Life is full of problems, so having the ability to solve them is critical to survival.
The real question is, “Do we learn from experience?”
Most mental health professionals agree that there are five stages of change (i.e. pre-contemplation, contemplation, preparation, action, and maintenance), and each relates to the ability to solve problems based on life experiences.
In order to use them in problem-solving, you need to recognize that a problem exists – and at least be ready to plan for action.
The 10 points below will help you to examine life experiences and use them as a starting point for action.
1. Consider your life experiences.
It is likely that you have faced some form of a problem before in your life.
Even though you may have not liked the outcome, the experience from it will provide some insight about things to do or NOT to do in the future.
If you can identify some problem-solving strategies that didn’t work in the past, then you can eliminate them from your list of choices.
2. Don’t throw out the baby with the bath water.
Problem-solving can be a complex process with many steps.
For example: if you are trying to solve a dilemma related to credit card debt, the chances are that you will have to take multiple actions to achieve your goal. It is also likely that you have encountered some issues with finance before and have attempted some changes.
Instead of disregarding all of your efforts, examine which parts of your strategy worked and which didn’t.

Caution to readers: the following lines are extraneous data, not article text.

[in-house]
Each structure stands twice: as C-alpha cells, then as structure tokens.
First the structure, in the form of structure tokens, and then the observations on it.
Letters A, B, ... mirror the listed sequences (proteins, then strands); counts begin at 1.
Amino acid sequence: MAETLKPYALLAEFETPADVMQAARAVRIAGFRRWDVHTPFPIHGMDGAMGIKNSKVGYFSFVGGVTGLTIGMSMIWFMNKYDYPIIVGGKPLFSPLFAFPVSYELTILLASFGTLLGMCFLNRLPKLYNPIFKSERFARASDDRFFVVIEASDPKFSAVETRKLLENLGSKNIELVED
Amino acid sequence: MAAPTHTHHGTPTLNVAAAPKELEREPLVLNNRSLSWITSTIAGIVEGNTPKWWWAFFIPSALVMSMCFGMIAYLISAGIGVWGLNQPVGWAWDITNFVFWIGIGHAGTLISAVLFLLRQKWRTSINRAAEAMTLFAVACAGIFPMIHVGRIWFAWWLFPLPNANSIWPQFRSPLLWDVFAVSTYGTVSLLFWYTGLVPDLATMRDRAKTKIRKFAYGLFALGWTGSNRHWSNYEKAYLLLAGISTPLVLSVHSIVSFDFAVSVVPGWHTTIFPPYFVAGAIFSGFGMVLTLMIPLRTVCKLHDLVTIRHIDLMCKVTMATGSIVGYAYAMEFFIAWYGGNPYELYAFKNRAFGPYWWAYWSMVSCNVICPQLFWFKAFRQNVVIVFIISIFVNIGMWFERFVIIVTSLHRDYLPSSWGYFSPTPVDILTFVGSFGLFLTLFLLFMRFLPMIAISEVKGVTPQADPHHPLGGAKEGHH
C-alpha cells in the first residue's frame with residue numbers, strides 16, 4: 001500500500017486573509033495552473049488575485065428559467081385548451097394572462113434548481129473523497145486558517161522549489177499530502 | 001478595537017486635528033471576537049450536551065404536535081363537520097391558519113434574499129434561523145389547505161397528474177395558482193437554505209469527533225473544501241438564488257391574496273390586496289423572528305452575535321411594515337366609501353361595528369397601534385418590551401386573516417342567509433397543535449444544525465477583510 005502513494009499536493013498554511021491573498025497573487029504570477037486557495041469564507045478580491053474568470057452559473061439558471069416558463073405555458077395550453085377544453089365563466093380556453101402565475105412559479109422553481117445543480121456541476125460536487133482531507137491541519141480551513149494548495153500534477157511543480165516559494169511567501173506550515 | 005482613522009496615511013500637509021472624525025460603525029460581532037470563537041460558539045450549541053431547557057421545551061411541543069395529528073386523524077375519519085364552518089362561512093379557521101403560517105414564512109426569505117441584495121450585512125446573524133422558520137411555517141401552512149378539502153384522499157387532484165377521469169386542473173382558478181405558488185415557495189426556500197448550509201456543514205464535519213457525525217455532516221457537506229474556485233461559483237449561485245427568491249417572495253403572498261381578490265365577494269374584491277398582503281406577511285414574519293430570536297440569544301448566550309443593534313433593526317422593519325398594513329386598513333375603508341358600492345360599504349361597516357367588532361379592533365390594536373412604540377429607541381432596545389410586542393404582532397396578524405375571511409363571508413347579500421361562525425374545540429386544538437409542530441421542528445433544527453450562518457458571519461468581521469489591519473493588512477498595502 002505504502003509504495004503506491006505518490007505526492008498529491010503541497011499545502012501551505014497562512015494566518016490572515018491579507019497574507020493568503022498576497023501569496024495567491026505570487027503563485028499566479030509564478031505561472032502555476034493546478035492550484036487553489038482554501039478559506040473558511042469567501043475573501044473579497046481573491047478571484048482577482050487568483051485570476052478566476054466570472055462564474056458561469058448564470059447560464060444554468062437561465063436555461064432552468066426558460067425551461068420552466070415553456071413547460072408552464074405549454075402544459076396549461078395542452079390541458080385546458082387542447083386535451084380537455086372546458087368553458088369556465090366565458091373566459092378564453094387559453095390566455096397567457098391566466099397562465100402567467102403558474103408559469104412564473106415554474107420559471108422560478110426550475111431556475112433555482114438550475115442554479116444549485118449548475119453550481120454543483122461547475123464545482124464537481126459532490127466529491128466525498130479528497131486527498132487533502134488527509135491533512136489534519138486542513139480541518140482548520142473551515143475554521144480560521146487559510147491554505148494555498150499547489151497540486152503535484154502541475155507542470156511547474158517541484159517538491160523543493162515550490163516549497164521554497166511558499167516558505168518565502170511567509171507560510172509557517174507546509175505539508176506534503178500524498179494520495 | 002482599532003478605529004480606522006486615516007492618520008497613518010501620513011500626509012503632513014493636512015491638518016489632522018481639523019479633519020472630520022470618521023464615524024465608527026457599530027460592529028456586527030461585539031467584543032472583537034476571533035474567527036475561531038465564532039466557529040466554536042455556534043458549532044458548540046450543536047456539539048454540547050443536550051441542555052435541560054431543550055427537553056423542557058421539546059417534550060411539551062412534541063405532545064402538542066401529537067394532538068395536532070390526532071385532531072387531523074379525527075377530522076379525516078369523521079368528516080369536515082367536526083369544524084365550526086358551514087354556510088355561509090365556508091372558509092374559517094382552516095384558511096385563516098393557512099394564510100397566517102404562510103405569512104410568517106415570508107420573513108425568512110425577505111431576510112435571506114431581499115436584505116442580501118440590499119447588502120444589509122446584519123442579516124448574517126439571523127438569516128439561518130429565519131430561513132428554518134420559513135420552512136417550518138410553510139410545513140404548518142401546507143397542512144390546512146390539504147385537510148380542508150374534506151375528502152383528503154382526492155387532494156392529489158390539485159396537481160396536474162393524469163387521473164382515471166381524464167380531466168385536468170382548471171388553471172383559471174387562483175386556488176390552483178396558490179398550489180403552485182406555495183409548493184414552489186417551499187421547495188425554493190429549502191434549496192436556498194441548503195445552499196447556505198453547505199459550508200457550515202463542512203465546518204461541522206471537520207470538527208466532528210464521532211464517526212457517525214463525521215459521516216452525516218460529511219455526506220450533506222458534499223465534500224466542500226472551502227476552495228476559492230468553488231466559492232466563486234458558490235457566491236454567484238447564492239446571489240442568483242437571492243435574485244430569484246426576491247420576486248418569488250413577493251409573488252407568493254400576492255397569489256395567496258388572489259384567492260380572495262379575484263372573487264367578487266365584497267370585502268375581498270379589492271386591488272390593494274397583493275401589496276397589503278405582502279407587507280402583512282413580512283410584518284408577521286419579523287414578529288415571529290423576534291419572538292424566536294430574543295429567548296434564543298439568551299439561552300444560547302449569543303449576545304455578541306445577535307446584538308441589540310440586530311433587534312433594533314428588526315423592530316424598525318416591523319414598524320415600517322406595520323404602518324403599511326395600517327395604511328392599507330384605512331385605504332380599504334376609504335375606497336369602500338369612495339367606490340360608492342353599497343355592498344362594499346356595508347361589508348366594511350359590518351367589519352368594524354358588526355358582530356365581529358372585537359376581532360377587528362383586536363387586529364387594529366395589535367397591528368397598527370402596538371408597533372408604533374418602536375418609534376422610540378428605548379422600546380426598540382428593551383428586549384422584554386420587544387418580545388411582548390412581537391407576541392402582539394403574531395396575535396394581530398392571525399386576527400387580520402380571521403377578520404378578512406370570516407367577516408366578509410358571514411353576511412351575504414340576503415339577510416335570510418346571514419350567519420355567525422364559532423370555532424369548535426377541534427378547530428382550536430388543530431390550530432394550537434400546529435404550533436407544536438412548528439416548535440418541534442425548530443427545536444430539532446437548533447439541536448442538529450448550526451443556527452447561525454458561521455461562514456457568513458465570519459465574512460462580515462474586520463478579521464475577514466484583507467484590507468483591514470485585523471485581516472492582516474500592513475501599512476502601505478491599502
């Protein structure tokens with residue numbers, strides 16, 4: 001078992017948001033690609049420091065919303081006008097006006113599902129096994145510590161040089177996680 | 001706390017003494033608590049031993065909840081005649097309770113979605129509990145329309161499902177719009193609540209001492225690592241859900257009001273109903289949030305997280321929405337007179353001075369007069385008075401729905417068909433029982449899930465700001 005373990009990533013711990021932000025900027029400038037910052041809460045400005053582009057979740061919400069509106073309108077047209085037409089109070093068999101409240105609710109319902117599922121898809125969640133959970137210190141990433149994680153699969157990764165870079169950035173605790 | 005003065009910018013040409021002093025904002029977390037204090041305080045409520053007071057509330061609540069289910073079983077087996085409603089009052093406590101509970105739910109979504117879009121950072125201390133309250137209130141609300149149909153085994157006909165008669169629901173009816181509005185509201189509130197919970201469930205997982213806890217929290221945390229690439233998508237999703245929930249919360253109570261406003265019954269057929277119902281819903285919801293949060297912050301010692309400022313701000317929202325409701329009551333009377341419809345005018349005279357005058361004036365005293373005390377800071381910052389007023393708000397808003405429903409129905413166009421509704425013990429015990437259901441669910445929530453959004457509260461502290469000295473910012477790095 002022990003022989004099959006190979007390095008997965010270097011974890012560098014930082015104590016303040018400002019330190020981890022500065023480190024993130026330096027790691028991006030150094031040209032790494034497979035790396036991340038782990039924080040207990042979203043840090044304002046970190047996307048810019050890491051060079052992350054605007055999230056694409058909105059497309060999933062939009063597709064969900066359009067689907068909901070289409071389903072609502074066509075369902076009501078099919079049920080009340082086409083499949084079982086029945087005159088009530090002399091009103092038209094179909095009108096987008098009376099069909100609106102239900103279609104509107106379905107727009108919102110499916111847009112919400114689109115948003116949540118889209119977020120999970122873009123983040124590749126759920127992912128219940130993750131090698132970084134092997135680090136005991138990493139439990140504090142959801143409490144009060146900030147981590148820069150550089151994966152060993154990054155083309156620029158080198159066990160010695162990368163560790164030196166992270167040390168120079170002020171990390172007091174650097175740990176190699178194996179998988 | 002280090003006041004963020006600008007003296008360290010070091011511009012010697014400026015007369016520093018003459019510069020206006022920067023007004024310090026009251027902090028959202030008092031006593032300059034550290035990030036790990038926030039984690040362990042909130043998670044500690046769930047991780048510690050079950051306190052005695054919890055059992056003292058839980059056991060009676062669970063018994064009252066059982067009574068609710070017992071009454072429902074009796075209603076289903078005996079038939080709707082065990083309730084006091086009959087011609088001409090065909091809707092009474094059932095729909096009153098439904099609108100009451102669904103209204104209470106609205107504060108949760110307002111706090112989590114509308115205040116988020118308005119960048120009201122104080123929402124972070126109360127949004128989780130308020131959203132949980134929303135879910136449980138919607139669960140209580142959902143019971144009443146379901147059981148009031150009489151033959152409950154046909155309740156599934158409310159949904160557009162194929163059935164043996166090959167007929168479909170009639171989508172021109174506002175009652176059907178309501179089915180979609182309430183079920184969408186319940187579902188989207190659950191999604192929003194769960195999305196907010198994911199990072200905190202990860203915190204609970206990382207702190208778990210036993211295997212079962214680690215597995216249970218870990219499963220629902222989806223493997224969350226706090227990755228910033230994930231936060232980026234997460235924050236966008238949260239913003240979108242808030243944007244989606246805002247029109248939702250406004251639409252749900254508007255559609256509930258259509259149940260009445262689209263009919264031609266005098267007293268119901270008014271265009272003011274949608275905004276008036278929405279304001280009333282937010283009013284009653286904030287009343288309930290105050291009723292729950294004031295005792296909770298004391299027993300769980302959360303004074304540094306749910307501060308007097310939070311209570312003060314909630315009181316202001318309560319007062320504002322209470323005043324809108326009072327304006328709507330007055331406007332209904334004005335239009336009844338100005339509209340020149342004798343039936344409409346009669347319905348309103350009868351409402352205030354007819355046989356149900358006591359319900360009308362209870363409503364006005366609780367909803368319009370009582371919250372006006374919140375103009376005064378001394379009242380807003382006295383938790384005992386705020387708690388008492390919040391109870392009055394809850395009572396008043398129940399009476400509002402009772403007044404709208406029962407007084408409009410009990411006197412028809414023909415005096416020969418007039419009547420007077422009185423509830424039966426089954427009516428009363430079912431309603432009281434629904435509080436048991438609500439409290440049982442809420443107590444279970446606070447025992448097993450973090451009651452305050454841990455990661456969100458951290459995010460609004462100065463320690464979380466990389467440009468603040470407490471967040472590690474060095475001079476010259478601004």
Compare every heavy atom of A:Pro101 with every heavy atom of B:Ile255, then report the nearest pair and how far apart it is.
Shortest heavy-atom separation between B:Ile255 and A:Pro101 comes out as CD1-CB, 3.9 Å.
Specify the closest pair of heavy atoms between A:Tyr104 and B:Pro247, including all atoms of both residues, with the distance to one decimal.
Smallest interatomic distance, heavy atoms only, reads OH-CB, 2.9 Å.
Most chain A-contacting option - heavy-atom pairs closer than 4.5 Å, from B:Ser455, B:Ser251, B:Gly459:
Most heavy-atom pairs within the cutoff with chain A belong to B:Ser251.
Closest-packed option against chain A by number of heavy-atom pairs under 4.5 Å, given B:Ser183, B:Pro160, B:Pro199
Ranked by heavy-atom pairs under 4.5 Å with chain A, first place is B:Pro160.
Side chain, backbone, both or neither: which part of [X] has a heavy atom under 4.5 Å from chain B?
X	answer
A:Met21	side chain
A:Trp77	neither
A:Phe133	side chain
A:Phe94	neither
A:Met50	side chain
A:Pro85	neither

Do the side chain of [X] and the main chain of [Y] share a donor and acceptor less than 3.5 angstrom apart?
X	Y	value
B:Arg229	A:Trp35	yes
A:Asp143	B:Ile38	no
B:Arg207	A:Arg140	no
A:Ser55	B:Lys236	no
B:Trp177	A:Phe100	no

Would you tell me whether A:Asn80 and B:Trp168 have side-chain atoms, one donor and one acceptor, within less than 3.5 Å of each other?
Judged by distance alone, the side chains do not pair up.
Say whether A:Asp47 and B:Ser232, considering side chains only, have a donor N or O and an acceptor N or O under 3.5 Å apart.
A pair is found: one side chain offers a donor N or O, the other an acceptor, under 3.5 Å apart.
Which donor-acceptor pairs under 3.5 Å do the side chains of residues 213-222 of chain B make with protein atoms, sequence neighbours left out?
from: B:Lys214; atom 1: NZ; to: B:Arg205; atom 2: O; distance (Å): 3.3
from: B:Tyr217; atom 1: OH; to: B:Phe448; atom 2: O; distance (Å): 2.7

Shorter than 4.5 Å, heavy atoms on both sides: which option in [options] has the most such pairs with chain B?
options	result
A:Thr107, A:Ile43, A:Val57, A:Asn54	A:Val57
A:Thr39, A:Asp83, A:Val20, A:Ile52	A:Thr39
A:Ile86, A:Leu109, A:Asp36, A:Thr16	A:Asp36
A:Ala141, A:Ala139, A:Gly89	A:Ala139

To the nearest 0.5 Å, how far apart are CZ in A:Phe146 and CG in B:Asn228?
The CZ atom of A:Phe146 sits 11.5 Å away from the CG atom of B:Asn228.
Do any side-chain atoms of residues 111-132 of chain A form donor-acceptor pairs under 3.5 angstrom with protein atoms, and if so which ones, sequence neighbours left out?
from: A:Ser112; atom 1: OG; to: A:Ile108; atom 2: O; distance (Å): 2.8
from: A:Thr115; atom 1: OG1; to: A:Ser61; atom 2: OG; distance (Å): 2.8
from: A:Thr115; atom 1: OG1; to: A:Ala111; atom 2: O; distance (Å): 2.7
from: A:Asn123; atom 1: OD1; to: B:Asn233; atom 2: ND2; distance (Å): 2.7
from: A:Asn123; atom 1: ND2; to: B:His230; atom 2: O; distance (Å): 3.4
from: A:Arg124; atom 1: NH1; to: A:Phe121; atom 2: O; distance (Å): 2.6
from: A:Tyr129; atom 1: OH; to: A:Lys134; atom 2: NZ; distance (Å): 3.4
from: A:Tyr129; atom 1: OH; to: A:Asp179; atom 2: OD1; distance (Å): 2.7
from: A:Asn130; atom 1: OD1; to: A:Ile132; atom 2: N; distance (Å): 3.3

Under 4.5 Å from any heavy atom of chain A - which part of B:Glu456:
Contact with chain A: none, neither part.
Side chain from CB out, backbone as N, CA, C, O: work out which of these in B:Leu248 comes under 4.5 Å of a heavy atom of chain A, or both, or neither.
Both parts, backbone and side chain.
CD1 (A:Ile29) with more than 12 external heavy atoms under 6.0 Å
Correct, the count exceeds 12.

Build on your successful efforts and eliminate the ones that didn’t work.
3. Use a solution focused lens.
When a problem pops up, you might say to yourself, “here we go again.”
By taking that approach, you are immersing yourself in negative life experiences and will likely find yourself stuck and unable to act.
Instead, look for exceptions to the problem.
Are there times that you have been successful in the past?
What would things look like once the issue is solved?
Looking for solutions rather than focusing on the problem will move you in the right direction.
Start by reworking that internal voice that is suggesting defeat.
- “this problem can be solved,”
- “each problem I face is an opportunity to learn or improve,”
- “I have the ability to make good decisions.”
Changing your self-talk will be a great step toward changing the lens you use to view problems.
4. Reduce emotional decision-making.
If you have ever made a decision based on your emotional reaction, you are likely to have some advice for others about distancing yourself from the problem in order to make a good choice.
Emotions tend to cloud our judgement, lead to poor problem-solving, or to even worsening a predicament.